My husband has never been what I would call hospitable. While he lovingly supports my efforts to invite people into our home and around our table, it has always made him feel a little uncomfortable. He prefers to reach out to others behind the scenes, where it feels a bit safer, a bit more…well, comfortable. When it comes to reaching out to others, he prefers to be ‘up and doing’, rather than sitting around a table.
For me, it is a kitchen table chair that fans the flame of my hospitality.
Our family of five sits at a table built for six. The empty sixth chair sits, glaring at me, directly across the table.
“We should make more of an effort to fill that empty chair. Surely there are many who would appreciate a warm meal and some friendly conversation.” It’s a thought that comes to me often as I sit across from that empty chair.
“Who would I invite?” I wondered, hesitantly considering the prompting.
A name instantly came to mind.
“But it will be Christmas Eve,” I thought. “Surely everyone already has plans for Christmas Eve. And what of OUR family’s traditions? It just wouldn’t be the same if we had a stranger join us.”
My attempts to hide the prompting under a pile of so-called valid assumptions seemed to be working and I went back to work—dishes, laundry, wrapping Christmas gifts.
Later that night, I found myself listening to a talk on compassion. Rev. James Forbes explained that, as a boy, he and his family had cherished Christmas traditions, which included opening gifts, special prayers, singing carols at the upright piano, breakfast, and kids running around in their pajamas. He remembers well one Christmas when his father announced that a guest would be joining them for their Christmas family celebration. Rev. Forbes, as a boy, did not like that idea at all. He said to his mother,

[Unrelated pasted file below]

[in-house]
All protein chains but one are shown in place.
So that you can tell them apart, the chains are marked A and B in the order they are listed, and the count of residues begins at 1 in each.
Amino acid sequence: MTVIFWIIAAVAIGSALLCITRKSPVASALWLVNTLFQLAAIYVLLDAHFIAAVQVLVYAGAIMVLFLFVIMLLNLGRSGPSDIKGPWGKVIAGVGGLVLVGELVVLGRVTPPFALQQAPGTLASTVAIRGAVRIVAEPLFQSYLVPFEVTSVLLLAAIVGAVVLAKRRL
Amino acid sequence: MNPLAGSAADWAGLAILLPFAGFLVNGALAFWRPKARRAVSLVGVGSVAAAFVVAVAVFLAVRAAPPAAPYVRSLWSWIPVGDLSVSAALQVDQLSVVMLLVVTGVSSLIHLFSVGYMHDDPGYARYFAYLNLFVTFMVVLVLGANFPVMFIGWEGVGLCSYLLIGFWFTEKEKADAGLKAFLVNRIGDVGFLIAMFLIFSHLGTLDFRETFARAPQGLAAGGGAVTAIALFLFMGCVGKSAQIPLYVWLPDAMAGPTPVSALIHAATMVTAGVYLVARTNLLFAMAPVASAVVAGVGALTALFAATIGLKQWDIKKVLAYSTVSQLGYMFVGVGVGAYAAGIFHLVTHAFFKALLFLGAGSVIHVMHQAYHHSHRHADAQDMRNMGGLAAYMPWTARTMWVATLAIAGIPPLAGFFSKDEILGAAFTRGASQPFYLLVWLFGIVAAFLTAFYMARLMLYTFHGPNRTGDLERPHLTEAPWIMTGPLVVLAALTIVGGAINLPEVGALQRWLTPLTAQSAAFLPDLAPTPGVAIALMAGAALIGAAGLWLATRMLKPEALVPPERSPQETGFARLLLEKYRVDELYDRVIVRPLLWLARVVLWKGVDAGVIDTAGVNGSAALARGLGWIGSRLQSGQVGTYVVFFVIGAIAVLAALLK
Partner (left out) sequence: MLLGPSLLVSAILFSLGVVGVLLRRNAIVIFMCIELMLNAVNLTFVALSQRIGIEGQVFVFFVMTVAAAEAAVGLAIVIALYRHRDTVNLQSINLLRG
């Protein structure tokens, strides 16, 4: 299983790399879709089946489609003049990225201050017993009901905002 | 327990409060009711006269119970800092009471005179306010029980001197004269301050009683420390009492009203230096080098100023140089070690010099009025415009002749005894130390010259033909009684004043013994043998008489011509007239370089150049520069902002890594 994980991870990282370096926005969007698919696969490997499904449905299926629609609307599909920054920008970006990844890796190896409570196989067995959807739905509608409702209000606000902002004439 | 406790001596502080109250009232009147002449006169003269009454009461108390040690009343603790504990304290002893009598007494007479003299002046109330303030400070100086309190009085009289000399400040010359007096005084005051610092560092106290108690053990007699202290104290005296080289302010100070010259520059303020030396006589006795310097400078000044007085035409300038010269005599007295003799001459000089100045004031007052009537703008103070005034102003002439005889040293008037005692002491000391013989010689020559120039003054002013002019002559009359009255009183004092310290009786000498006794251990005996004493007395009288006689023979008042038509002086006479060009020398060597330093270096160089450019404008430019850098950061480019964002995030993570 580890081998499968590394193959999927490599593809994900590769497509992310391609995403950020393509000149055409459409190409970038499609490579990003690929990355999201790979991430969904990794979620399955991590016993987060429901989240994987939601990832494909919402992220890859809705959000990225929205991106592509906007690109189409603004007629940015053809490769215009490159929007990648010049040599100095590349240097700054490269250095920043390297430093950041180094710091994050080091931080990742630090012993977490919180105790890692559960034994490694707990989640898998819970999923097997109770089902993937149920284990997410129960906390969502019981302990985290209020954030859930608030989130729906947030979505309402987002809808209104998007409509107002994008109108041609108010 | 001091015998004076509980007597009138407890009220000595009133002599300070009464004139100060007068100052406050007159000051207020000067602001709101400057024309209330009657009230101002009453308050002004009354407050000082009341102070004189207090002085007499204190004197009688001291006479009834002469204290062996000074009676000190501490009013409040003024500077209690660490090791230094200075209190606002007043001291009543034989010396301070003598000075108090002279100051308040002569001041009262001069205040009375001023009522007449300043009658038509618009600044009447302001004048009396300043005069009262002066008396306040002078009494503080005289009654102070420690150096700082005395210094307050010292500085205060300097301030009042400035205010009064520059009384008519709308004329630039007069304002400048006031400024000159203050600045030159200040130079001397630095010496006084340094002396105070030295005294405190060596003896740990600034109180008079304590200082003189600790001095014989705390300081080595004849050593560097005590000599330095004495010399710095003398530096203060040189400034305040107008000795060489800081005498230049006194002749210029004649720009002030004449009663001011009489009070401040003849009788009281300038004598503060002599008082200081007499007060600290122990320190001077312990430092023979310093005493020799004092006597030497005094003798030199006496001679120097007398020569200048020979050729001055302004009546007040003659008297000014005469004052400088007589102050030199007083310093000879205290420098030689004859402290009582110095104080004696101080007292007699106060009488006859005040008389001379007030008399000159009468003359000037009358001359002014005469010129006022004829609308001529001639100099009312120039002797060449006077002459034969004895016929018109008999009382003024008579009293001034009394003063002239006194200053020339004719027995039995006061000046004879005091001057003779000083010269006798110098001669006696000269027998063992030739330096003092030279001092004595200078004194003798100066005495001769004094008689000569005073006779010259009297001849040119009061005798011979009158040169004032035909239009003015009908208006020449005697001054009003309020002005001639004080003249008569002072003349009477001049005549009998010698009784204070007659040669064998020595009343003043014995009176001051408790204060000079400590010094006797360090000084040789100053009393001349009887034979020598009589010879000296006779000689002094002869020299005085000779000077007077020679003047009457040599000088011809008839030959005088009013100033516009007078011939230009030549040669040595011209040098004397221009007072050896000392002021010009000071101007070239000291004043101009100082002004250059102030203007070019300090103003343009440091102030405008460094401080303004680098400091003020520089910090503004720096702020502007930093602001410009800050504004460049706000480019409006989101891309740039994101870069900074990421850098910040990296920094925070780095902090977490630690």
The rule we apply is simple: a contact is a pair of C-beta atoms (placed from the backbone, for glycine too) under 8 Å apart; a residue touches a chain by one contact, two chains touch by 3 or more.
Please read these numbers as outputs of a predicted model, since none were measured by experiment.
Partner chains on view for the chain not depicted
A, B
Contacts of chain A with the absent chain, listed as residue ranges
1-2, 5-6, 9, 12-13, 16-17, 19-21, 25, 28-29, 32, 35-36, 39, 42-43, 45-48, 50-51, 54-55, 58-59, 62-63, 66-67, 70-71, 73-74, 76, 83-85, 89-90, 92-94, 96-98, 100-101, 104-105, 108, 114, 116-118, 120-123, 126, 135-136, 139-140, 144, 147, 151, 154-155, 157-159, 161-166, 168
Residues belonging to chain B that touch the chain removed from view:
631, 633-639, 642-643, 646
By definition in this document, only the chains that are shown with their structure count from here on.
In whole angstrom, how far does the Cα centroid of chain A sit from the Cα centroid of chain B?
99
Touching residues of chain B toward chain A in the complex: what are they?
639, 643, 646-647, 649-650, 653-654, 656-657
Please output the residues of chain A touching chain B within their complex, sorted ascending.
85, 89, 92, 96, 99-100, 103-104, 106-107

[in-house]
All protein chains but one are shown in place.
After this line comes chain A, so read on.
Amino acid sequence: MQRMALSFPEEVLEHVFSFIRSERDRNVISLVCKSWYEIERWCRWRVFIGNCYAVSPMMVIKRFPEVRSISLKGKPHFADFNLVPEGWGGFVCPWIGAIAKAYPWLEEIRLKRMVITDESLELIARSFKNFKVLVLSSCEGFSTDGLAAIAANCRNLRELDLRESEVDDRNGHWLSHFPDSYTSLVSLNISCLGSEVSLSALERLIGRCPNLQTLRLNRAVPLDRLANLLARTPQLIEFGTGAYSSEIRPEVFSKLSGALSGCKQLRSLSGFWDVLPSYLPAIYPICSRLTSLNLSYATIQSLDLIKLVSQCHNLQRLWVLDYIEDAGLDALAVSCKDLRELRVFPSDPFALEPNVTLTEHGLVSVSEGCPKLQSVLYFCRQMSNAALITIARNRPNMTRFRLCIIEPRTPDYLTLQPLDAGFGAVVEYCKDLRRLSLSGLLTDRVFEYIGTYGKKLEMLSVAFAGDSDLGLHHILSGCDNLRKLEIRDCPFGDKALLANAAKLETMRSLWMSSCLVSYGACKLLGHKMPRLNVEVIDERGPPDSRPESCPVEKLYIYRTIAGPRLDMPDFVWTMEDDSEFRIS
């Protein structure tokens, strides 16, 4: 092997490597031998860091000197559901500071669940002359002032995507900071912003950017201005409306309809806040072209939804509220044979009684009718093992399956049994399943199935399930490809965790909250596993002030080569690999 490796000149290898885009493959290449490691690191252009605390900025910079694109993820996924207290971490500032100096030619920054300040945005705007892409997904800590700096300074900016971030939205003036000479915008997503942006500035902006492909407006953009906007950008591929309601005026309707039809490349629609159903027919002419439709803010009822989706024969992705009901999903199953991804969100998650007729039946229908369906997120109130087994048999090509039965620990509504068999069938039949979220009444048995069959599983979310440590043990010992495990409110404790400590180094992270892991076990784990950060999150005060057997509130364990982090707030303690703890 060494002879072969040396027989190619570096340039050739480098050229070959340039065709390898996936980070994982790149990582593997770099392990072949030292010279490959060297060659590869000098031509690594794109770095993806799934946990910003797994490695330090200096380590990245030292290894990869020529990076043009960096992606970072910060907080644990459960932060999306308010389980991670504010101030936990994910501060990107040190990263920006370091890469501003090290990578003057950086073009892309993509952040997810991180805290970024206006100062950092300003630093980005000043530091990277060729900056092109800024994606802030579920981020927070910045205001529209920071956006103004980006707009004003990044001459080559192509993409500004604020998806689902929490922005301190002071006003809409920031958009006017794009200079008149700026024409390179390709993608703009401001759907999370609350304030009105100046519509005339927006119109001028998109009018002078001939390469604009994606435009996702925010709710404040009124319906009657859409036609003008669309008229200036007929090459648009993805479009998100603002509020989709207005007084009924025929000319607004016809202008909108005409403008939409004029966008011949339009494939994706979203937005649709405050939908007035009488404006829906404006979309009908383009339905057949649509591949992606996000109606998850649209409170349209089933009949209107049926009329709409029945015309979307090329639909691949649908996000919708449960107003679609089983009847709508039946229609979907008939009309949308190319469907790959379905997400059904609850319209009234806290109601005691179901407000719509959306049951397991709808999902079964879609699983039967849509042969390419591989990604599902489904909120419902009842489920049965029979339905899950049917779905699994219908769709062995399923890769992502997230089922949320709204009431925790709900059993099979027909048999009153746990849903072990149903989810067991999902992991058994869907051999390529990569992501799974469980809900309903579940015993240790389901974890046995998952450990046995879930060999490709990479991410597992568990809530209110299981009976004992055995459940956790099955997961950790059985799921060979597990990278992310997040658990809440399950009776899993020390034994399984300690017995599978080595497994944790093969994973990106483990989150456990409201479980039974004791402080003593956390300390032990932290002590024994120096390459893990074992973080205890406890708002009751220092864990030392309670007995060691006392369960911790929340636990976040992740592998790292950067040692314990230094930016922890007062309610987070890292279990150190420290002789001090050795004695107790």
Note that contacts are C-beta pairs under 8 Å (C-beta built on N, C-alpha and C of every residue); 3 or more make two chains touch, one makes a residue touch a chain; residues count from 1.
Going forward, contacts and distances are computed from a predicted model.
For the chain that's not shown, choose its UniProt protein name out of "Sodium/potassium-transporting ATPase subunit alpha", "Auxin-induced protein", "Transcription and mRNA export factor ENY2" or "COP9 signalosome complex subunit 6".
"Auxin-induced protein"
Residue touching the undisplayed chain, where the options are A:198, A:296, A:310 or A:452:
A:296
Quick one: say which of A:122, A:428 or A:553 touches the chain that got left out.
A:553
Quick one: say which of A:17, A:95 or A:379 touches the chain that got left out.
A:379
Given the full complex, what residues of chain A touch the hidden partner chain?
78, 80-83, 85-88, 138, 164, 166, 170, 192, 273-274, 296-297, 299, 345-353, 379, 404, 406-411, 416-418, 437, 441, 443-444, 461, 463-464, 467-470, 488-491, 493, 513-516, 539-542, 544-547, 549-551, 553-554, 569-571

“[Daddy] must be out of his mind. This is OUR time. This is INTIMATE time. This is when we can just be who we are. Why would daddy invited someone? Any other time, but not to the Christmas celebration!”
His mother thoughtfully answered him,
“If you really understand the nature of this celebration, it is that this is the time when you extend the circle of love. That’s what the celebration is all about. It’s time to make space, to share the enjoyment of life in a beloved community.”
And so Elder Rubins joined their family Christmas celebration that year.
And I, in that moment, knew that we would invite someone to join our celebration.
The next morning my husband made the phone call.
The invitation to join us for a Christmas Eve dinner and our traditional Christmas Eve family night movie was accepted.
My kids, who would soon be decked out in their pajamas and settling in on their mattresses, which were set up for the night in the living room under the Christmas tree, looked at me accusingly, and someone stammered,
“But we’ll be in our PAJAMAS, Mom!”
I smiled and shared with them the concerns Reverend Forbes had as a boy, and the wise counsel of his mother.
The expressions on the kids’ faces changed; they were seeing things from a different perspective.
With the scent of roasted chicken in the air, we finished our dinner preparations.
Soon, the doorbell rang. Warmly, and somewhat nervously, we invited our guest in. What followed was a simple evening, with every chair at our table full.
A light dinner, conversation and laughter, a Christmas movie by the Christmas tree, and warm Christmas wishes as we bid our guest farewell.
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Afterwards, my husband followed me to the kitchen.
“Wow,” he said excitedly, leaning up against the sink, “that was neat! In the past, he (our guest) has always felt more like an acquaintance. But tonight, he felt more like…well, more like…a friend.”
He paused for a moment, then looked at me and said, “Thank you for suggesting that we invite him over. That was just so neat!”
I smiled and, glancing over at the dinner table, noticed that the ’empty’ chair didn’t seem to be glaring at me…for the moment anyway.
But it will glare at me again. I know it will. And when it does, I’m grateful that I’ll have the full support, encouragement, and enthusiasm of my husband, my HOSPITABLE husband, as we attempt to fill every empty chair in our home.
Food is lifeblood. It’s part of us. With it being our most primal need, we are part of it and most importantly part of each other: When we gather around a table,we’re passing more than just plates. There’s an alchemical and spiritual exchange that happens; a fulfillment of not only stomachs, but of mind and spirit and heart. ~ Meghan Faulkner, Artful Blogging (Vol. 10, Issue 1), p. 25
Day 21 Challenge: When might you invite someone to join you around the table? Act on any promptings you receive.
This is Day 21 of my Write 31 Days series for 2017: 31 Days to an Authentic Life.
For an index of all the posts in the series, please click HERE.
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